Liked by 2 people

    1. You bring up a good point about the quality of life and the way women were treated. I think I’d still like to try it out for a bit. It’s the period of history I’m always drawn to!

      Like

    1. I agree – I appreciate Jack the Ripper stories that bring something new & different to the table, or touch on a lesser known fact of the case.
      Waking up in Victorian England would be wonderful, but I would also like to bring a few of our modern conveniences back with me. 🙂

      Liked by 1 person

  2. I absolutely adore Jack the Ripper retellings. Actually I adore all serial killer retellings, I’m creepy like that. This sounds delightful actually, not the evil part but the historic details and settings. I may go through the rest of your reviews and pick up book one if it’s available near me.

    Liked by 1 person

    1. There’s just something about Jack the Ripper that I find fascinating. The historical detail in this series is wonderful The author really has done his research and the setting just comes alive in all of its squalor and beauty. The series is a lot of fun and I’ve learned a lot from the series!

      Liked by 1 person

  3. I think one thing a lot of authors TODAY miss when writing about Victorian England is the smell. Houses built back to back so they have zero ventilation, urine and feces in the street, poor hygiene on top of highly inconsistent bathing…then, to to it off, these women are working in a field focused on exchanging bodily fluids. Ewwww.

    Liked by 1 person

    1. Yes, this author does bring the smell into the picture, so you actually feel you are there wandering the dirty streets, and you can feel the claustrophobia in certain parts as well. This series is very well done with the historical detail and really shows that grittier side to Victorian England that isn’t often portrayed.
      And ewwww is right. Ugh. This book also touches a bit on the social aspects of the time and why these particular women had turned to prostitution.

      Liked by 1 person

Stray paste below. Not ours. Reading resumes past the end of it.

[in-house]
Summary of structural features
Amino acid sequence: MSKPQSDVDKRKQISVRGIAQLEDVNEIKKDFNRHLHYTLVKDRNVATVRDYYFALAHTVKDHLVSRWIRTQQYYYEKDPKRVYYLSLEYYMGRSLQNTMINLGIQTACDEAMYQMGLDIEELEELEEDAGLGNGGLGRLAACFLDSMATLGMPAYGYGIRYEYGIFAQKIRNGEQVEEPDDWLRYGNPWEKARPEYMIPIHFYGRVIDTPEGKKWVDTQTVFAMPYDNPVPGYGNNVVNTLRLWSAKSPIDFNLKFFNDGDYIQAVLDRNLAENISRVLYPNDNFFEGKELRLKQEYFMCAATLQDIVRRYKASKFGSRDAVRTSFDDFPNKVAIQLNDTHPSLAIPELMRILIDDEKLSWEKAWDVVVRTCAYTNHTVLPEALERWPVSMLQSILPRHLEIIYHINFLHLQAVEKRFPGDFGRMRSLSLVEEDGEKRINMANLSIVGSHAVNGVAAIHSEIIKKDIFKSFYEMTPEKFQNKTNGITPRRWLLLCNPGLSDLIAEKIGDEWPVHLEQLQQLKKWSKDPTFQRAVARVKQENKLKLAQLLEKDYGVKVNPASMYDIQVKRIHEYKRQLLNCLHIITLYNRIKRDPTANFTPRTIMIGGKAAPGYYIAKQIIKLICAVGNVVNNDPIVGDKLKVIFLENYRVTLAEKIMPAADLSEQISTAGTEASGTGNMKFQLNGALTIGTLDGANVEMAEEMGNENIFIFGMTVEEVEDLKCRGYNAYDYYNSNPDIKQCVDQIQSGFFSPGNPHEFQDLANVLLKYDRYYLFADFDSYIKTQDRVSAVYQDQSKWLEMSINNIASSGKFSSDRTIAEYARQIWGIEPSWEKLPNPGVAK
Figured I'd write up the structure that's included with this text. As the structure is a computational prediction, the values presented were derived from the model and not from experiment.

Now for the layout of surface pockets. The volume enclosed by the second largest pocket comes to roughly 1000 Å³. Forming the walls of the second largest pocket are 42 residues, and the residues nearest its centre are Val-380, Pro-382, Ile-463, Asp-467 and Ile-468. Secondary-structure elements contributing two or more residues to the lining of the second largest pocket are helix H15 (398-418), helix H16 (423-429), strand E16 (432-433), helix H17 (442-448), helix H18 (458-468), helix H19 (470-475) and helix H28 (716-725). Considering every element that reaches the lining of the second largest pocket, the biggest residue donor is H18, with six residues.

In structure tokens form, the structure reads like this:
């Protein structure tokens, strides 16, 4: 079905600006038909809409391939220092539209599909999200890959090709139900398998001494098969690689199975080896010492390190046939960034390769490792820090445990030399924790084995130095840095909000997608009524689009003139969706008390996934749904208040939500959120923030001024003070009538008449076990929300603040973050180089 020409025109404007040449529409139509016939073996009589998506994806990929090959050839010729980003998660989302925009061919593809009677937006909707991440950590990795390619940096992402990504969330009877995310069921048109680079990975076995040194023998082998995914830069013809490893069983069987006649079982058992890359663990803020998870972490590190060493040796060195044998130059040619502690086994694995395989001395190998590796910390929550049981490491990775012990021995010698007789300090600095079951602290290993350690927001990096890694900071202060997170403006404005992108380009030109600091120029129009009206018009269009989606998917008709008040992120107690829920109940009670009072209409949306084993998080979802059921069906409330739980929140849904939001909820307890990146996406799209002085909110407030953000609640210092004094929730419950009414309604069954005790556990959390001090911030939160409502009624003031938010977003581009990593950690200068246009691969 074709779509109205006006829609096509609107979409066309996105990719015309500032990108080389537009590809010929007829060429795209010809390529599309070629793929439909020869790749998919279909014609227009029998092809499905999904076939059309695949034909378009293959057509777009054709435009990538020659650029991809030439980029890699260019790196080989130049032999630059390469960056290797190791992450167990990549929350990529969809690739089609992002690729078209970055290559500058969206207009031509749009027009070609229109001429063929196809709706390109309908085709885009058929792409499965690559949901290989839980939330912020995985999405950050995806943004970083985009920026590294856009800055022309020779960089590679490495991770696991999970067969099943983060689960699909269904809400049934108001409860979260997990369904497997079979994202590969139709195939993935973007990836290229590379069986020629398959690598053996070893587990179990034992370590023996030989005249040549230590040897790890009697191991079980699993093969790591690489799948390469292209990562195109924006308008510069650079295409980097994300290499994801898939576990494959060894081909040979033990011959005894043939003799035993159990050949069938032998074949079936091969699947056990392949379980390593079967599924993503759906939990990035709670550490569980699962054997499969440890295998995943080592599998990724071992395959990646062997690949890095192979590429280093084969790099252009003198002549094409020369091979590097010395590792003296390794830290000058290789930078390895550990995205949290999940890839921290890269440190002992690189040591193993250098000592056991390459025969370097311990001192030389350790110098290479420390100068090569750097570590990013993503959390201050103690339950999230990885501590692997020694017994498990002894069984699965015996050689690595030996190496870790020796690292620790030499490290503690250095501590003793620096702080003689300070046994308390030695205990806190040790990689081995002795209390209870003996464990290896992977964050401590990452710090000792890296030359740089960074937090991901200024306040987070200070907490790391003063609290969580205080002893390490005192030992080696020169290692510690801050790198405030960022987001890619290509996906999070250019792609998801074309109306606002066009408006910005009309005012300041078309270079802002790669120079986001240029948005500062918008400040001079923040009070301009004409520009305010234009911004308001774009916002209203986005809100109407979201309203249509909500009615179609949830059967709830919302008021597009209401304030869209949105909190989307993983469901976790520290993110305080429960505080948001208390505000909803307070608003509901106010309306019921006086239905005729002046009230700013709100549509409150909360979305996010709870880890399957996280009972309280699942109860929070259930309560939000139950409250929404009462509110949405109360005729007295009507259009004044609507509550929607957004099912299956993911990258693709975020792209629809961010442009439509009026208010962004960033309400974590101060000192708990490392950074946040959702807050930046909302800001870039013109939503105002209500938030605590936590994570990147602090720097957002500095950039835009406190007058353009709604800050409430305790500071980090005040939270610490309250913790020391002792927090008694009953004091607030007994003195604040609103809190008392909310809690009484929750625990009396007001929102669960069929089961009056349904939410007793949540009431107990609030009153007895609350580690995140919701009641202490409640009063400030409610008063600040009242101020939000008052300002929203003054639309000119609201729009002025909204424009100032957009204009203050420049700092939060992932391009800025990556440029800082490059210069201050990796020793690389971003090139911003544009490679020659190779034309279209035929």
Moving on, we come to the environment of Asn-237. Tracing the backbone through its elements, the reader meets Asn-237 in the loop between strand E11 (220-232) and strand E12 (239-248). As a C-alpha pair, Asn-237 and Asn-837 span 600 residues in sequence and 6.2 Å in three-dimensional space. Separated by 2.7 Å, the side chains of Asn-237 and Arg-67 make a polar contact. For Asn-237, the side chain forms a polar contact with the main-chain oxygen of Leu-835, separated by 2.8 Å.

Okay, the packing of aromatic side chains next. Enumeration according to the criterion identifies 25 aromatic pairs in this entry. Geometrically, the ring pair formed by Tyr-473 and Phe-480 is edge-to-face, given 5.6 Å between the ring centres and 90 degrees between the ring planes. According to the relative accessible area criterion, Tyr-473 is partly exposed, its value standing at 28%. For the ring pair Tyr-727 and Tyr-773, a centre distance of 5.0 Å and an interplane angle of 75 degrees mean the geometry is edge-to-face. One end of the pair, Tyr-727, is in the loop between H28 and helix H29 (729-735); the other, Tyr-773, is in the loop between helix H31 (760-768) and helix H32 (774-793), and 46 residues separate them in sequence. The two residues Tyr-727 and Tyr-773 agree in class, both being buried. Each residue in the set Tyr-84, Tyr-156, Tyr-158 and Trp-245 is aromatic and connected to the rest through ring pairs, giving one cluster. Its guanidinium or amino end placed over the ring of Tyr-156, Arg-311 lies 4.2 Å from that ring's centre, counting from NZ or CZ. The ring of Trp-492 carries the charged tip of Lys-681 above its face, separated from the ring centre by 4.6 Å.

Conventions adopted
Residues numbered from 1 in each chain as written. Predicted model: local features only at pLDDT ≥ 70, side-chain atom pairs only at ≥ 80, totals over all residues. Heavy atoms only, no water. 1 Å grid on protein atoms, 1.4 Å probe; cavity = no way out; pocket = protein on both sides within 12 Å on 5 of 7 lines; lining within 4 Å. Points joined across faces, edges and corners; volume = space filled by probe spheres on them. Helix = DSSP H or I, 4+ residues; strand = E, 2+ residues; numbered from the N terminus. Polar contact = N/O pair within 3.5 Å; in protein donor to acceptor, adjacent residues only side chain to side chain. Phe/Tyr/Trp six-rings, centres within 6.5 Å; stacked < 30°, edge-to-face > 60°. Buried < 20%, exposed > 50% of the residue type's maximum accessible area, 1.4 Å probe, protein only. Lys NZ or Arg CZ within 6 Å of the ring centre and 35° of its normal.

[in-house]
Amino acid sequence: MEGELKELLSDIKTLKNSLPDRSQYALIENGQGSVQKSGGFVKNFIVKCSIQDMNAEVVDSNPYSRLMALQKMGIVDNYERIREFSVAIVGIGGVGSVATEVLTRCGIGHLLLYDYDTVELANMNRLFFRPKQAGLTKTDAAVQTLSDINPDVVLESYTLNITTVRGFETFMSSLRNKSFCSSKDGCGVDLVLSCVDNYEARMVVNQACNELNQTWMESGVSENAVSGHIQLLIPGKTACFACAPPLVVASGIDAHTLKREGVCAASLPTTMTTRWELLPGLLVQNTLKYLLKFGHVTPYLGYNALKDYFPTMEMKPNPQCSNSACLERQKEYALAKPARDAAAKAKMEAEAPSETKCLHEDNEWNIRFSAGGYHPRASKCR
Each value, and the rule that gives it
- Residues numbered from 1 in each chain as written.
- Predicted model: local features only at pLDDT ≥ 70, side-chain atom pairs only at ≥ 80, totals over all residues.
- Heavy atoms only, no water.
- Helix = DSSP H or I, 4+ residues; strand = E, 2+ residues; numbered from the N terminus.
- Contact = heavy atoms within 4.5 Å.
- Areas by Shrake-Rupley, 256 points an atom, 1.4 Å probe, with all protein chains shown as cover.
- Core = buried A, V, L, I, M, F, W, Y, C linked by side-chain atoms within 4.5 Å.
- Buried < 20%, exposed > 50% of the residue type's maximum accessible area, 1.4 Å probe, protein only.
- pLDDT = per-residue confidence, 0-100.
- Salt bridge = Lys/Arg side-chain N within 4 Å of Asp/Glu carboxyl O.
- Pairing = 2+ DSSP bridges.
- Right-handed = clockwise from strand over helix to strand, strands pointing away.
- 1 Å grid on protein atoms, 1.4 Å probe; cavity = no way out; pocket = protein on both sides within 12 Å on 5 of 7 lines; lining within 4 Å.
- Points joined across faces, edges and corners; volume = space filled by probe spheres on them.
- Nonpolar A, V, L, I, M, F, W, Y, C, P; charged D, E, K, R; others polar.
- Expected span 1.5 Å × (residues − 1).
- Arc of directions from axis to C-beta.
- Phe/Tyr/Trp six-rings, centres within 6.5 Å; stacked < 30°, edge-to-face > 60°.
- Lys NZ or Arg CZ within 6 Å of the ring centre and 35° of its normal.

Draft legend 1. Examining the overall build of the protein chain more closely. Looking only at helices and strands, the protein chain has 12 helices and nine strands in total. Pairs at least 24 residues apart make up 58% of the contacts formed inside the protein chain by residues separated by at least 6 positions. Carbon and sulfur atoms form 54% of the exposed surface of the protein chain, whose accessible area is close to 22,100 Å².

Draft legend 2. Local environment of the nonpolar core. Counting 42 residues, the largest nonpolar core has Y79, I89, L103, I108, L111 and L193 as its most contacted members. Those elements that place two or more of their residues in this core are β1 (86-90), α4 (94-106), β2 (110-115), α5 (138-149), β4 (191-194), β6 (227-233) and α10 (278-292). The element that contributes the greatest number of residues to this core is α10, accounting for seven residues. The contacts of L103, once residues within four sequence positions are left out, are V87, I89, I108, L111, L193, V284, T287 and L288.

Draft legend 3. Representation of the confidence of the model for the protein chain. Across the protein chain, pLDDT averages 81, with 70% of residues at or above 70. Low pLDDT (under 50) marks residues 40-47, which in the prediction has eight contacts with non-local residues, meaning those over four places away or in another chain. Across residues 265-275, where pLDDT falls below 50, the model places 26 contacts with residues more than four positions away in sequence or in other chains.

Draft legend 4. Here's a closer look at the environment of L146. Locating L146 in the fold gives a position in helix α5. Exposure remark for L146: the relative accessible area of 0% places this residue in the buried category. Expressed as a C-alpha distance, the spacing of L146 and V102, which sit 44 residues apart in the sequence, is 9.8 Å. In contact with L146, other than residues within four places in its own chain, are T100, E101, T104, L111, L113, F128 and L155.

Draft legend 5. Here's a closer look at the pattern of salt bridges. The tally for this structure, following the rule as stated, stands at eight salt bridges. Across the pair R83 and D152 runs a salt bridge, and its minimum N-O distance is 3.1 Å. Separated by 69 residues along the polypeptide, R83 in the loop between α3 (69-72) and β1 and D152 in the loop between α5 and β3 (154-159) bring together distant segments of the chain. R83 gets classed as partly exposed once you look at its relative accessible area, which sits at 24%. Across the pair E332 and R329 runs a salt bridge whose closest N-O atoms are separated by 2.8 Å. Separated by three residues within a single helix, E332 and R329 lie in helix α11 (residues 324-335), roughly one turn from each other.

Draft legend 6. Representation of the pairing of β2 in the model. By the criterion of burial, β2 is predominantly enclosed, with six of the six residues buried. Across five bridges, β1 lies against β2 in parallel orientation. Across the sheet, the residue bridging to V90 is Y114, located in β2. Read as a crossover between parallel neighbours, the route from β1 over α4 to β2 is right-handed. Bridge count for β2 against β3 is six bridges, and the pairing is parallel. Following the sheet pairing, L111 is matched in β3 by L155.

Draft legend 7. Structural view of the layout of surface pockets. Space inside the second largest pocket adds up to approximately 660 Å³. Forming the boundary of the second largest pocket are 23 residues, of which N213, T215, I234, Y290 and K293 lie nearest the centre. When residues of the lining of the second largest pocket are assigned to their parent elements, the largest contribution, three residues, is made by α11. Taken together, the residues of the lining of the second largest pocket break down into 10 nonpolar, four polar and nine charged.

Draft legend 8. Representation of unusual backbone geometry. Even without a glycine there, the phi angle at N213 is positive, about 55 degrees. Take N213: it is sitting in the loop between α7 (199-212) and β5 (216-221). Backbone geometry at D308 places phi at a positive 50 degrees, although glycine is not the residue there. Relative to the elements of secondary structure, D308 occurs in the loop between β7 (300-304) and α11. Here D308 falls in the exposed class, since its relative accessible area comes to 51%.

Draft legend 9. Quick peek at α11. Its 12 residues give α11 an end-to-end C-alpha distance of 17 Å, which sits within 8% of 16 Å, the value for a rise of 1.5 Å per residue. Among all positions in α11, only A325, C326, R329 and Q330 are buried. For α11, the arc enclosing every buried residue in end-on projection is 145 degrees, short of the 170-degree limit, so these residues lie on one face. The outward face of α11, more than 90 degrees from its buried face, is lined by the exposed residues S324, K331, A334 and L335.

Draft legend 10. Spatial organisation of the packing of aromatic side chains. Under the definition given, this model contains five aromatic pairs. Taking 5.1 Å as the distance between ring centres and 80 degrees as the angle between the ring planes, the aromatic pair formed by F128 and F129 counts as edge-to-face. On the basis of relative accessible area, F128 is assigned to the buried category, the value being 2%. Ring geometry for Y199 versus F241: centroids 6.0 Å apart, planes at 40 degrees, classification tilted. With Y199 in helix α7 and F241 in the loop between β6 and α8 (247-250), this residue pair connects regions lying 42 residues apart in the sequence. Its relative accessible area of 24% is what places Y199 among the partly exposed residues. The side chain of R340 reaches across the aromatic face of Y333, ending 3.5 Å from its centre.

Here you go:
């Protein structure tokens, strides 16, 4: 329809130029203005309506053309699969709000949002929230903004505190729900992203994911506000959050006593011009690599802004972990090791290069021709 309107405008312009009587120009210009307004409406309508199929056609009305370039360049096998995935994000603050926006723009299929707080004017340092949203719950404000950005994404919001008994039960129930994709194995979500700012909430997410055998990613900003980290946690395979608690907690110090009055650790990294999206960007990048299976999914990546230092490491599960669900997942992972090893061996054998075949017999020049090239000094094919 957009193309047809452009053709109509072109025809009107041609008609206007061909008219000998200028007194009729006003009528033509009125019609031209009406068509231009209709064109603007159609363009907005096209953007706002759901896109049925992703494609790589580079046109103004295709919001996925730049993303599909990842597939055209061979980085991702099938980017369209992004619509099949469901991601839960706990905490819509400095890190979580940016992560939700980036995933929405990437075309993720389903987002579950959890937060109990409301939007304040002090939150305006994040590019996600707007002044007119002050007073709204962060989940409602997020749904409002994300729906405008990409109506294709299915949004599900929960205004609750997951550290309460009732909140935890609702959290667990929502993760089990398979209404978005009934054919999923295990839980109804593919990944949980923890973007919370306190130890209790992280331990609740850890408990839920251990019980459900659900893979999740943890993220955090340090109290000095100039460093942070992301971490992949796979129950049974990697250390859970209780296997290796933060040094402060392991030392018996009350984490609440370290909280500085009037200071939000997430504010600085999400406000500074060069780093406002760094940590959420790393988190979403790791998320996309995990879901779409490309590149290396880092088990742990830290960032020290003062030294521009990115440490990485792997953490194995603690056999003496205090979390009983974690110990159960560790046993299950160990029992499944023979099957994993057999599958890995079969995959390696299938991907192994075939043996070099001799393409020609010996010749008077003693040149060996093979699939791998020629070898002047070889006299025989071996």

4. Your reviewing skills are getting better by the day. This was another beautiful entry after that Iliad retelling. Loved it. And when the review is this good,the book must be even better, no?
    By the way, why aren’t there any rating points awarded in your reviews? I mean, out of 5 or out of 10 or so?

    Liked by 1 person

    1. Oh wow!! Thank you!!! 🙂 It must be the bold text I’ve been adding in.
      This series is really a lot of fun – good mysteries, great characters, and a fascinating setting.
      Good question about the no rating points. Long answer coming. I will occasionally mention a rating in my reviews, but it’s rare. I do rate books on a scale of 1-5 on goodreads (because I have to), on Twitter right after I finish a book, and also on Instagram if I happen to be able to take a picture of the book I’m reading. But I only do that on those platforms because I need to be short, plus I can use emojis that correspond to the theme of the book.
      I really dislike rating books 1-5, and goodreads irritates me because there are no half stars.
      I dislike rating books like that because my star ratings change over time. What may have been a 5 star book right when I finished it can drop down with time if I never think of the book again. And a 3 star book may stick with me far longer than a 4 or 5 star book. My overall thoughts however don’t really seem to change, so that’s why I just stick with the written review and my “bottom line” thought which hopefully summarizes everything in a very short way.
      Plus, I also read such a variety of books that my ratings are all over the place. For instance, I read cozy mysteries, and I will very rarely rate those over 3 stars. I can’t rate a cozy mystery 5 stars when I’ve rated Great Expectations 5 stars. The two just cannot compare. But that 3 star isn’t bad, not in any way. But it can be misleading.
      And there’s a very very long answer why I don’t do star ratings. 🙂

      Liked by 1 person

      1. I don’t think it’s only the bold text that’s made the difference. Your approach and detailing, plus the focus on what makes a particular book great/bad, has made the bigger difference, IMO.

        As for rating books, I think a cozy mystery doesn’t need to be the same as Great Expectations. I mean, 5 out of 5 is the limit, even when you think a book is too good for rating, like Great Expectations would be. But a different book could be just as enjoyable and engrossing in its own environment. I mean, it’s only a problem when you’re comparing that book with an all-time classic yourself. Otherwise, you’re free to rate it as you please. I think a rating is a summary of how you felt about a particular book, although you cover that in your bottom line section well. Plus, there’s no need to conform to existing standards, is there? One can rate as one likes.
        As for Goodreads, maybe you should mail them this suggestion. Who knows what may come of that?
        🙂

        Liked by 1 person